Those who challenge the Aryan invasion theory, however, believe the Vedas to be much older than 1200 B.C.E. A key piece of evidence is that the Sarasvati is the most important river in the Rig Veda but is at present a small stream that gets lost in the desert. Proponents for an ancient date for the composition of the Vedas argue that since the river dried up in about 1900 B.C.E., the Vedas must have been composed before then.
    I expect that the question of whether there was an Aryan invasion and whether it occurred around 1500 B.C. E. will be resolved soon by a combination of genetic studies and by geologists dating the ancient courses of dried-up rivers in the Indian desert. In the meantime, teachers of history and textbooks would do well to present both sides of the debate instead of ignoring the existence of the debate.  
Biographical Note: Padma Manian received her B.A. from Madras University, India and her Ph.D. in History from Miami University, Oxford, Ohio. She taught World History for five years at the University of Wisconsin, La Crosse. She now teaches U.S. History and Women's History at San Jose City College, California.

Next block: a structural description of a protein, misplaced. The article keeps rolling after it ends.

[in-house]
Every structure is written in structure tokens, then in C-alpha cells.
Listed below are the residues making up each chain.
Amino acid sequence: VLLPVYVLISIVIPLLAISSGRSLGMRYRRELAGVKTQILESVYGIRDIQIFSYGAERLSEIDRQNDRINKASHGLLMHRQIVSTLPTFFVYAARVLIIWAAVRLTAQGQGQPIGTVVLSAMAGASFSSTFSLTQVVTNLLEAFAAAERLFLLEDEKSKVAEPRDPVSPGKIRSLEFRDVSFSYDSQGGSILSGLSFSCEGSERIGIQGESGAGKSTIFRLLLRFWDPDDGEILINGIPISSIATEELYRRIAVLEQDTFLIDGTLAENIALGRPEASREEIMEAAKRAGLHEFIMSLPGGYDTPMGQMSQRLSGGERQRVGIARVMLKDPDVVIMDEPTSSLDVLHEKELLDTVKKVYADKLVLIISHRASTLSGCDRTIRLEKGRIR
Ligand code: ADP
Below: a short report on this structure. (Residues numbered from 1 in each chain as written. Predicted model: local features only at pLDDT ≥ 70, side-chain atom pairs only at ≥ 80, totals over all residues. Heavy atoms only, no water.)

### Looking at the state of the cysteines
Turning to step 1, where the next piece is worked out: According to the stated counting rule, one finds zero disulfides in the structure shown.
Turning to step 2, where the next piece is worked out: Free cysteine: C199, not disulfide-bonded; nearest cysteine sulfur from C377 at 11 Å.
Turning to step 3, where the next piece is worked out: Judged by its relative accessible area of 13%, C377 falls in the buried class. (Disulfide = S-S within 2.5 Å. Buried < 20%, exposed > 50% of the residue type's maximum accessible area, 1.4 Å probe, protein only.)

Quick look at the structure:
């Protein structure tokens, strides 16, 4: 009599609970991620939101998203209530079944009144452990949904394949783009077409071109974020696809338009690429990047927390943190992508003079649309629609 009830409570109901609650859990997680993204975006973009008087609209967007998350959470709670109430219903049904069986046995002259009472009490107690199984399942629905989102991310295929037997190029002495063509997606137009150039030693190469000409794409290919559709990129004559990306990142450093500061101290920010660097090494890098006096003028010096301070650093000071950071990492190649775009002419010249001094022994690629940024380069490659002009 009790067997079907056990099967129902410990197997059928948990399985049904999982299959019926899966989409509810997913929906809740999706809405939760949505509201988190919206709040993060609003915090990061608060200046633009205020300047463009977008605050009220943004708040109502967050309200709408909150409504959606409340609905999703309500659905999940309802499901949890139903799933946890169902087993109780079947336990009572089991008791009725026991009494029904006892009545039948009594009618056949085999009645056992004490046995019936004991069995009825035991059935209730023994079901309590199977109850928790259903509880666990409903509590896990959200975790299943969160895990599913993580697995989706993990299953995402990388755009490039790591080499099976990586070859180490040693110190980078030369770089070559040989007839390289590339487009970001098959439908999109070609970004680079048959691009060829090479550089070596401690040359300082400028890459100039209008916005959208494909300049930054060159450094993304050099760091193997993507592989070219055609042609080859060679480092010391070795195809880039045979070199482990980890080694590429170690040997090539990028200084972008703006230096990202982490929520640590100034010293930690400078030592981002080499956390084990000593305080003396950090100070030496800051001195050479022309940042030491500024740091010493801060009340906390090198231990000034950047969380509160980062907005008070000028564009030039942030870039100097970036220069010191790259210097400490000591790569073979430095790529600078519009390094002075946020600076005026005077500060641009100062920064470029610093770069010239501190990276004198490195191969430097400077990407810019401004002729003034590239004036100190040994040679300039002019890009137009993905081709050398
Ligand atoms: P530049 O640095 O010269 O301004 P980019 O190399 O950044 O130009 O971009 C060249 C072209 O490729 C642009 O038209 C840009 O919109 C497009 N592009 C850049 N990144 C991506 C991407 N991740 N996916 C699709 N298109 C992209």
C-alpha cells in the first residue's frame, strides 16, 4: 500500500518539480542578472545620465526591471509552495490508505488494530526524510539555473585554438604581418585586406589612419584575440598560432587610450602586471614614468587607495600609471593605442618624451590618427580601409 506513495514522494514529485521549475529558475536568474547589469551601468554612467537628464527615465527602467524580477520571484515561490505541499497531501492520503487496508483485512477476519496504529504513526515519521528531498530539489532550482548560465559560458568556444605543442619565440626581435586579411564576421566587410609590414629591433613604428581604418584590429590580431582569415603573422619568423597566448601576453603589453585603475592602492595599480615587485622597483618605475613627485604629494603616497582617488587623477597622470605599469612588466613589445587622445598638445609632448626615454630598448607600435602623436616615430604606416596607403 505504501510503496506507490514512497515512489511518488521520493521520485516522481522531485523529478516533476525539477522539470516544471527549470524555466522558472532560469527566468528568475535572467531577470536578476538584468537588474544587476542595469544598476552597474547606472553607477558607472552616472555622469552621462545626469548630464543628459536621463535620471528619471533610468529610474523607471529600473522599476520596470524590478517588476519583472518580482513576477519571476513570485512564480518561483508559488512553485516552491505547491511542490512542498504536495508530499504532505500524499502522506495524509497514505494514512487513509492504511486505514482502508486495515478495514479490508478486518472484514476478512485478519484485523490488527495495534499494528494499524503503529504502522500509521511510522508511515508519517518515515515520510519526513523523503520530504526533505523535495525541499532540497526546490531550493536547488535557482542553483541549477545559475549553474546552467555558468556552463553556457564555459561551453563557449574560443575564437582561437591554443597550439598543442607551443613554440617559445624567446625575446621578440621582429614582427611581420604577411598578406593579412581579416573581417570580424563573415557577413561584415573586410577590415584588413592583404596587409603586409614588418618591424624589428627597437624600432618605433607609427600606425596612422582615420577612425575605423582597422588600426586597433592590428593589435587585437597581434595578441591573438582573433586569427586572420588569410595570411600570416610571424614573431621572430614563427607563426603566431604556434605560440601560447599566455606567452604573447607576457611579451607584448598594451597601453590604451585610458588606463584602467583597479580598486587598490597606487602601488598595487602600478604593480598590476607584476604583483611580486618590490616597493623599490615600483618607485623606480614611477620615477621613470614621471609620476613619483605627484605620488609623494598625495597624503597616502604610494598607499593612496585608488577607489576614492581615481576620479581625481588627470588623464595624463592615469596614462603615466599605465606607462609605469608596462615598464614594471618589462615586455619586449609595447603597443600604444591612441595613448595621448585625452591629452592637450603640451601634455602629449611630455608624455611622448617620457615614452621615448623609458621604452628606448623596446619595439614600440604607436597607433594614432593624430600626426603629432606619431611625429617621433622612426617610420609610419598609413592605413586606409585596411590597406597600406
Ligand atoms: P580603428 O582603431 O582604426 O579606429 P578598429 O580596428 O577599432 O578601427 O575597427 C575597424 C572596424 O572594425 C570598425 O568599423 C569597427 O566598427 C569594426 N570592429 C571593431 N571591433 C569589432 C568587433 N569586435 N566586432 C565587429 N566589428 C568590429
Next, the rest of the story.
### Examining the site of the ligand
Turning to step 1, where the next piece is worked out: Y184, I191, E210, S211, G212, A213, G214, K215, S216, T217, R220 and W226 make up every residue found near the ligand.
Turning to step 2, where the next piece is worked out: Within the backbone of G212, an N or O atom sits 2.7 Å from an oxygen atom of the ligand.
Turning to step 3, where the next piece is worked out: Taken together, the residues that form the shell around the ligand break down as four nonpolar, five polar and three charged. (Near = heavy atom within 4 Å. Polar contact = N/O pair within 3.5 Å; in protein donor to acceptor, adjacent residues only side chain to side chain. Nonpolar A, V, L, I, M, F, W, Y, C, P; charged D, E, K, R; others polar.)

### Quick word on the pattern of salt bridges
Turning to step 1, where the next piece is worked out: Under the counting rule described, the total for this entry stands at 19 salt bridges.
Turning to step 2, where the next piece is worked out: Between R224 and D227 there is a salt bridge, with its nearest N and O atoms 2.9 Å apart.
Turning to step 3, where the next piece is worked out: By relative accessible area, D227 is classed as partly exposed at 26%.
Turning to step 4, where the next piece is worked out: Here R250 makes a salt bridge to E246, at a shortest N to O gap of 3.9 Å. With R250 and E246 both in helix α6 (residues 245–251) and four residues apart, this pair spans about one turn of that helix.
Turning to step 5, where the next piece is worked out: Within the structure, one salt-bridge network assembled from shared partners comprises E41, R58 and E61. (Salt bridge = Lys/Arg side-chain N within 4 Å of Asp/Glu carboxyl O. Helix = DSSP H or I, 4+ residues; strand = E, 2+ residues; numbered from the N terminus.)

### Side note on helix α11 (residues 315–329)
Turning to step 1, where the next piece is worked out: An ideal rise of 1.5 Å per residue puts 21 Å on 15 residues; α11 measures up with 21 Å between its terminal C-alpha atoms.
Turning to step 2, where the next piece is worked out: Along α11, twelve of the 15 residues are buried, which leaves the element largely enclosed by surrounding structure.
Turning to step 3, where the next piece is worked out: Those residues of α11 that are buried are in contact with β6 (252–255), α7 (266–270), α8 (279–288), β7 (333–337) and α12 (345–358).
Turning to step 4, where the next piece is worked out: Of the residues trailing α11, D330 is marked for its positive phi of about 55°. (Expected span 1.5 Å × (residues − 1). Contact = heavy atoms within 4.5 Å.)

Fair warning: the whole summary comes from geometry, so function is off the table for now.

1 The author would like to thank Professor David Fahey of Miami University, Ohio for his valuable suggestions in improving this manuscript.

2 Padma Manian, "Harappans and Aryans: Old and New Perspectives of Ancient Indian History," The History Teacher 32:1 (November 1998), 17-32.

3 See, for example, Mark Kenoyer's essay at: (1996).

4 Bamshad et al., "Genetic Evidence on the Origins of Indian Caste Populations," Genome Research 11 (2001), 994-1004. Also available at:

5 Bamshad, 998.

6 Bamshad, 999.

7 Bamshad, 1000.

8 Bamshad, 996.

9 Bamshad, 1000.

10 Kivisild et al., "The Genetic Heritage of the Earliest Settlers Persists Both in Indian Tribal and Caste Populations," Amerian Journal of Human Genetics 72 (2003), 313-332. Also available at

11 The Holocene refers to a period beginning approximately 11,000 years ago.

12 Macaulay et al., "Single Rapid Costal Settlement of Asia Revealed by Analysis of Complete Mitochondrial Genomes," Science 308 (2005), 1034-1036. Also available at: